Yet the focus of art and activism in the main is concerned with regulative democracy/environmental protection (ie. the bigger issues), and here exists a big gap with the farmers. Most of the latter do not want to keep farming, and preserving the land is only a means or way to bargain for more compensation. Those who commit to environmental protection want to preserve arable land/ fisheries/wetlands and therefore the problem of compensation is suspended. The debate concerning “public space” is focused on democracy, not on the question of what kind of space is the public: parks and wetlands, which one is more public? Therefore the problems for art to investigate are whether art itself has become a “fact” or whether it is just using a fact as evidence for a political view. Activism and art are to a certain degree open to the media; this is a crucial path to reach the public. Of course, many singular problems will multiply into a plethora in reality.

Do we need to produce things—models, discourses, trains of thought, if not outright objects—because of this program of visibility?

Do we need it? Let’s recollect past experiences. Our problem may not lie in whether such undertakings are needed, rather the how of transmission and its what. Since the desire of transmission is inevitable, in reality we have not altogether avoided it. Furthermore, this is just our wishful thinking. On the other hand, visibility, publicity themselves have other facets. Visibility—other than its so-called sphere of intimate relations and the self-expression through DIY—if they are to face so-called mass media, what would their production organism be? What would their visibility/publicity production mechanism be? (note: If they are to face so-called mass media, be it official or commercial, China does not have “public media” in a true sense, so we can’t comment much about that.) Out of what motive would mass media report and transmit “this program”? How can a certain art extend its sphere of influence through this, how can its significance exceed its boundaries? Of course, there is a process one could choose, yet the result is the outcome of specific channeling (manipulation). Does it possess a goal of enlightenment or satisfy a demand of fulfillment and pleasure, or maybe it is a roundabout strategy that incorporates both. Perhaps this demands a meticulous and conscious investigation of how media produces discourse. How does this visibility come about, is it because of distinguishability? For example, the food we are concerned with here, in terms of its production, has it produced an alternative for the prevalent mode of production and its consequent safety crisis? Or is it just a reliable alternative, or a form of recreation for the bourgeoisie—then its significance at bottom is not so different from “farmers’ restaurants,” and even golf courses, and other tourist sites. It is  the new fashion (which has little to do with politics).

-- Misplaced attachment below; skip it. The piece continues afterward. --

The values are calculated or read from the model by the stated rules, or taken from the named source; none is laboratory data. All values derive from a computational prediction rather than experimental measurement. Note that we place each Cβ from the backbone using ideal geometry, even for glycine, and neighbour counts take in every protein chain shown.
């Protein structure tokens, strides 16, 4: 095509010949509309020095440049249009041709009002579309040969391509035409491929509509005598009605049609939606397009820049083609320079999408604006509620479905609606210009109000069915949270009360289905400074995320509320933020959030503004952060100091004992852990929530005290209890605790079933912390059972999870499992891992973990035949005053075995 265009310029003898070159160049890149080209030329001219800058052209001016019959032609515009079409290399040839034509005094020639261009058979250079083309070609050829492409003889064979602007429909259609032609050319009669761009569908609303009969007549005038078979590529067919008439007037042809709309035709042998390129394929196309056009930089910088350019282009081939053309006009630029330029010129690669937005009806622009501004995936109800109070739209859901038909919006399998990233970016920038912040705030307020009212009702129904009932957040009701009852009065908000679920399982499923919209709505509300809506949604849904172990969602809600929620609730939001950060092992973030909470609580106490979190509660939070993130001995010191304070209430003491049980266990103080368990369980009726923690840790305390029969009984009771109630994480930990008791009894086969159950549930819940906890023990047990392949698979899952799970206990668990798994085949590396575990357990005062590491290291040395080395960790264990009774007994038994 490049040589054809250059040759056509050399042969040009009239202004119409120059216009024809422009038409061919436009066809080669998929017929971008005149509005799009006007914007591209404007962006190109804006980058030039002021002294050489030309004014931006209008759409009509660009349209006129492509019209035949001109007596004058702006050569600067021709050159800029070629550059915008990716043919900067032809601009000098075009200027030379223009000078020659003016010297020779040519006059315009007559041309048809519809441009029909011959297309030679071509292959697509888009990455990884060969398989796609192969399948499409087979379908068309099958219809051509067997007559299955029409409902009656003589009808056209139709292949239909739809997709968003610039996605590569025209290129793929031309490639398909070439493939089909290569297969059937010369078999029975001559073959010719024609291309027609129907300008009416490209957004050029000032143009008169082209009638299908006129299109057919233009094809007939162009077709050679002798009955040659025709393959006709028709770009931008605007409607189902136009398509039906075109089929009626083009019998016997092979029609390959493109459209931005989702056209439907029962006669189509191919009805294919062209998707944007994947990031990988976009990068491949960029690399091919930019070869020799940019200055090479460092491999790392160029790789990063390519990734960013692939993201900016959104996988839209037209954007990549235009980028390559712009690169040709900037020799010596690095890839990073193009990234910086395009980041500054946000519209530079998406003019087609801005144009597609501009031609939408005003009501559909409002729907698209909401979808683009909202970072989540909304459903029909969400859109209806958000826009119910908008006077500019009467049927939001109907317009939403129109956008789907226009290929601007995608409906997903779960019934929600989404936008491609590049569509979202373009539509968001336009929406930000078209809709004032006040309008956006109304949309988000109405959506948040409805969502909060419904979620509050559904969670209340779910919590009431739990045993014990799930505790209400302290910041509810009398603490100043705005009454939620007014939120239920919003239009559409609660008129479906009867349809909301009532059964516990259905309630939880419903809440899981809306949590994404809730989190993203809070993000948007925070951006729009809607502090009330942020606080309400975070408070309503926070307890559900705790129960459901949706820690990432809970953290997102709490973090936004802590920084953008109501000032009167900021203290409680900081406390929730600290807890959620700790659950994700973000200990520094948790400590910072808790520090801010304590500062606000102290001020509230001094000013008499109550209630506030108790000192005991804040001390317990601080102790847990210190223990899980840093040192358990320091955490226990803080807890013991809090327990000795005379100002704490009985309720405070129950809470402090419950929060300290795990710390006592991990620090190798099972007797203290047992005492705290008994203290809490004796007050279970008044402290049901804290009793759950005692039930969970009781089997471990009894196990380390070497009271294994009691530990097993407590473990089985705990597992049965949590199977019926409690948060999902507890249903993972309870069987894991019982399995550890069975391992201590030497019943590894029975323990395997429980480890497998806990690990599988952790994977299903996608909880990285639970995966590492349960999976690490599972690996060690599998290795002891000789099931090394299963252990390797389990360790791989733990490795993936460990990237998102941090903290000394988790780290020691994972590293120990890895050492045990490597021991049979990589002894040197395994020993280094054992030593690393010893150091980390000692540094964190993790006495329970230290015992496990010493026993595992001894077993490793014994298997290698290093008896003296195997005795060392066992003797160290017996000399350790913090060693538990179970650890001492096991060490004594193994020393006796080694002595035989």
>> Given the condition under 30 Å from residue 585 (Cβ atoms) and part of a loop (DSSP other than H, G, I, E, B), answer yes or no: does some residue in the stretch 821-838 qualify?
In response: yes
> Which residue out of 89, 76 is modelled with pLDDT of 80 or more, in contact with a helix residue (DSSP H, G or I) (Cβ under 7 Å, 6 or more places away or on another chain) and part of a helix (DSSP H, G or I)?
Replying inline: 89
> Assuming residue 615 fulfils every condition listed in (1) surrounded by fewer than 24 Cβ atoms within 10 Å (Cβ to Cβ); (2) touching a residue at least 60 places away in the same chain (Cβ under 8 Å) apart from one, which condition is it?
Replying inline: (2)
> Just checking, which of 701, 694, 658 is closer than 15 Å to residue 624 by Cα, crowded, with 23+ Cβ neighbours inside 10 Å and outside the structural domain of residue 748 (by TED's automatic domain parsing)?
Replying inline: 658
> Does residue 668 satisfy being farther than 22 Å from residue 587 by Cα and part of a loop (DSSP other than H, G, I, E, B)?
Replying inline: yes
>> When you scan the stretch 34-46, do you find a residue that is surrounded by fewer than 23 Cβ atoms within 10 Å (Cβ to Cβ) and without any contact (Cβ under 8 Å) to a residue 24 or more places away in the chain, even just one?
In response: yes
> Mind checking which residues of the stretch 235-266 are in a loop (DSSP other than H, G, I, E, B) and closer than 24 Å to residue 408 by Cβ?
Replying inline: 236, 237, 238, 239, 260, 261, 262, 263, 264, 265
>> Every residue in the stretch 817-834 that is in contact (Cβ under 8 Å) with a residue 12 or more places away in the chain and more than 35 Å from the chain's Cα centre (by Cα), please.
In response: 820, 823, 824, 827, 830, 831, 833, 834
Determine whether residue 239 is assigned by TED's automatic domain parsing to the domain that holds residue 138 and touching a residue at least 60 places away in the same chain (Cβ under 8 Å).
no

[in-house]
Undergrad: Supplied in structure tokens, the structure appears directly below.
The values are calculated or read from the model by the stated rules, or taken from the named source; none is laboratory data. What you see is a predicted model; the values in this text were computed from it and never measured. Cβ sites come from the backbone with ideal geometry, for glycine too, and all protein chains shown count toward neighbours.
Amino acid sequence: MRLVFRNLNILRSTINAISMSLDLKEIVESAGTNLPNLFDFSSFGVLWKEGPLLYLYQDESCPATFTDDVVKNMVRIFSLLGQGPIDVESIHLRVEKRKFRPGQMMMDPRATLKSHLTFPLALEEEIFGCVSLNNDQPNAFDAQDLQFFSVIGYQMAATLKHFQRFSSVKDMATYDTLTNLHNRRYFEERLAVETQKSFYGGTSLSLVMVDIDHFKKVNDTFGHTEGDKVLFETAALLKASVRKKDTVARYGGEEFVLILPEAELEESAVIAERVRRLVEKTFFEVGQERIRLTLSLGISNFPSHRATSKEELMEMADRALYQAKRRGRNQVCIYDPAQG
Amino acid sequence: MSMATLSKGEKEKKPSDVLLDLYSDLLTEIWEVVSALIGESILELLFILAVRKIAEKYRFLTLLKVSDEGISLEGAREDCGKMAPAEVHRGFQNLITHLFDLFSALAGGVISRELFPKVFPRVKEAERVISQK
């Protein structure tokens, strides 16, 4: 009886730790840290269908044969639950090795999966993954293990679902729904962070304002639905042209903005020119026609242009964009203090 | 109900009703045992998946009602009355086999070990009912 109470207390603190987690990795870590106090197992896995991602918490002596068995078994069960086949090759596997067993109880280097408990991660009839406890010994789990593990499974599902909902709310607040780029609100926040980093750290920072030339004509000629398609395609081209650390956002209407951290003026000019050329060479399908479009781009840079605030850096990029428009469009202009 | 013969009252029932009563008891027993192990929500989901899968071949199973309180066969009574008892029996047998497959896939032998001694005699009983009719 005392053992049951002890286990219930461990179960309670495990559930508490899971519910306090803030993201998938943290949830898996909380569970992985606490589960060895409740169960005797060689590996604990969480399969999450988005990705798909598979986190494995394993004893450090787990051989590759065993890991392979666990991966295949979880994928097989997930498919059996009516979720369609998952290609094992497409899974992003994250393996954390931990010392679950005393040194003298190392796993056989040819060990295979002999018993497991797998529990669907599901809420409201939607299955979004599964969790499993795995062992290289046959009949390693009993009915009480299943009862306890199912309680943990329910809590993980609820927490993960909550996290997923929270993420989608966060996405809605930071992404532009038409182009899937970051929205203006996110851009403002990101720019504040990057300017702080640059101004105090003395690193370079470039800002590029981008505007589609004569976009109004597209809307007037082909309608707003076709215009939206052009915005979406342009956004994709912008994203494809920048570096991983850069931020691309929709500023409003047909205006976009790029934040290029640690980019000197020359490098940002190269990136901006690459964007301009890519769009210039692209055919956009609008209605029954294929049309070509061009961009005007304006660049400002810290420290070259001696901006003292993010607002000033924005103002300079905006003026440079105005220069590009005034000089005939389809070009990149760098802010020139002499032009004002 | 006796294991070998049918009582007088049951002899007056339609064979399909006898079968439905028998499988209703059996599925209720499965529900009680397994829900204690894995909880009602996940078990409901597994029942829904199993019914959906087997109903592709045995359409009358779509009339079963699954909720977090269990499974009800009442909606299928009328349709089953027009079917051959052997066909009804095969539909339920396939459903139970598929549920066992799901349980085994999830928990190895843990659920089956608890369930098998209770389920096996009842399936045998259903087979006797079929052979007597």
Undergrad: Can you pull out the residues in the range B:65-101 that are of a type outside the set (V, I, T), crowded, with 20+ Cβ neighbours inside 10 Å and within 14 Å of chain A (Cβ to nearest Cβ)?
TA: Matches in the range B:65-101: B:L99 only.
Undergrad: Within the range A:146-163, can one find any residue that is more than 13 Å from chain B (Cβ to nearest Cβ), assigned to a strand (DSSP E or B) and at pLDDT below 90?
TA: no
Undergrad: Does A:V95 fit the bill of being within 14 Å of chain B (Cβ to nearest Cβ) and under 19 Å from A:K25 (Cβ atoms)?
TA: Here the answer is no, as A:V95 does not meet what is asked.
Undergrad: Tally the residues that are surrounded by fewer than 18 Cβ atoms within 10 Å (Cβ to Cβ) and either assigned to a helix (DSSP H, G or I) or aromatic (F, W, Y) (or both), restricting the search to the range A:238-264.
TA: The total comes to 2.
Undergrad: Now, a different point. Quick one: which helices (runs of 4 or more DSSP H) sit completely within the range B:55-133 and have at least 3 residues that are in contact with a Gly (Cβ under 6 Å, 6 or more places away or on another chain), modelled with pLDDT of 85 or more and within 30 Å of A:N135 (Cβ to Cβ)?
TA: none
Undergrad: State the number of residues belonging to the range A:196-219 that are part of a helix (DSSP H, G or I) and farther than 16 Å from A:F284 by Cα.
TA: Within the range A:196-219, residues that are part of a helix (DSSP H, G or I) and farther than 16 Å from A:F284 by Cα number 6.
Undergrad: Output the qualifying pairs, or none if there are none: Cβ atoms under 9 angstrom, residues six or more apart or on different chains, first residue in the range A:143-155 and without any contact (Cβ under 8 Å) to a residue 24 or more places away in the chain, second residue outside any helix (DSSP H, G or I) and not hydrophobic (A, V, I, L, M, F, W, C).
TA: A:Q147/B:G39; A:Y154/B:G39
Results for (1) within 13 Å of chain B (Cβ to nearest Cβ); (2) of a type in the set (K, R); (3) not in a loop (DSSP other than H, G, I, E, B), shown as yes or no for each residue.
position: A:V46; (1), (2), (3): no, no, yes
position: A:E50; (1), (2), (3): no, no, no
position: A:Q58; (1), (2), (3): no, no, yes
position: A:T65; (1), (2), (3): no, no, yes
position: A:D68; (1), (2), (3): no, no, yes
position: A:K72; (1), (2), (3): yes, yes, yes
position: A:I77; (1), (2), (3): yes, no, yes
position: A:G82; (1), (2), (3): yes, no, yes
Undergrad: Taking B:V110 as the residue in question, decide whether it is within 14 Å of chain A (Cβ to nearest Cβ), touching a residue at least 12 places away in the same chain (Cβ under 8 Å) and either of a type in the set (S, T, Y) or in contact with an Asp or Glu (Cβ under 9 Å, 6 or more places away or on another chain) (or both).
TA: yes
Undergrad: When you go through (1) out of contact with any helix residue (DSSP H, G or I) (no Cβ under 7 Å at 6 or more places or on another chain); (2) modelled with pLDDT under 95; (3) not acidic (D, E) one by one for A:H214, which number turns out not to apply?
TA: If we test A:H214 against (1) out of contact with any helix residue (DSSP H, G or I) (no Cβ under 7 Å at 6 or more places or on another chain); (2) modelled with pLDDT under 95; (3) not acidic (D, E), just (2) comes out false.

How is it seen by others, including the media, if you refuse to open up your garden, is a different issue, but if you do, your life or experiment will be interpreted/defined by others. The result of the experiment will often be imported into another mode of discourse, no? How do you solve this state of misrepresentation let alone ignorance? Of course, we must backtrack a little, to the the point of departure, which is the question: do you want your lifestyle to be an open work of art? Thus relinquishing your authority over its meaning, or do you want to do just as you think (because you are already doing what you want to do). Absolute openness can be dangerous, danger lies in being subsumed/coopted. For example, when media who features lifestyle puts you side-by-side with coffee shops, shopping malls, cuisine and nail salons, and other cases of entrepreneurial undertakings, how does that make you feel?

According to structuralist logic, if you do not speak, then the social structure will speak for you.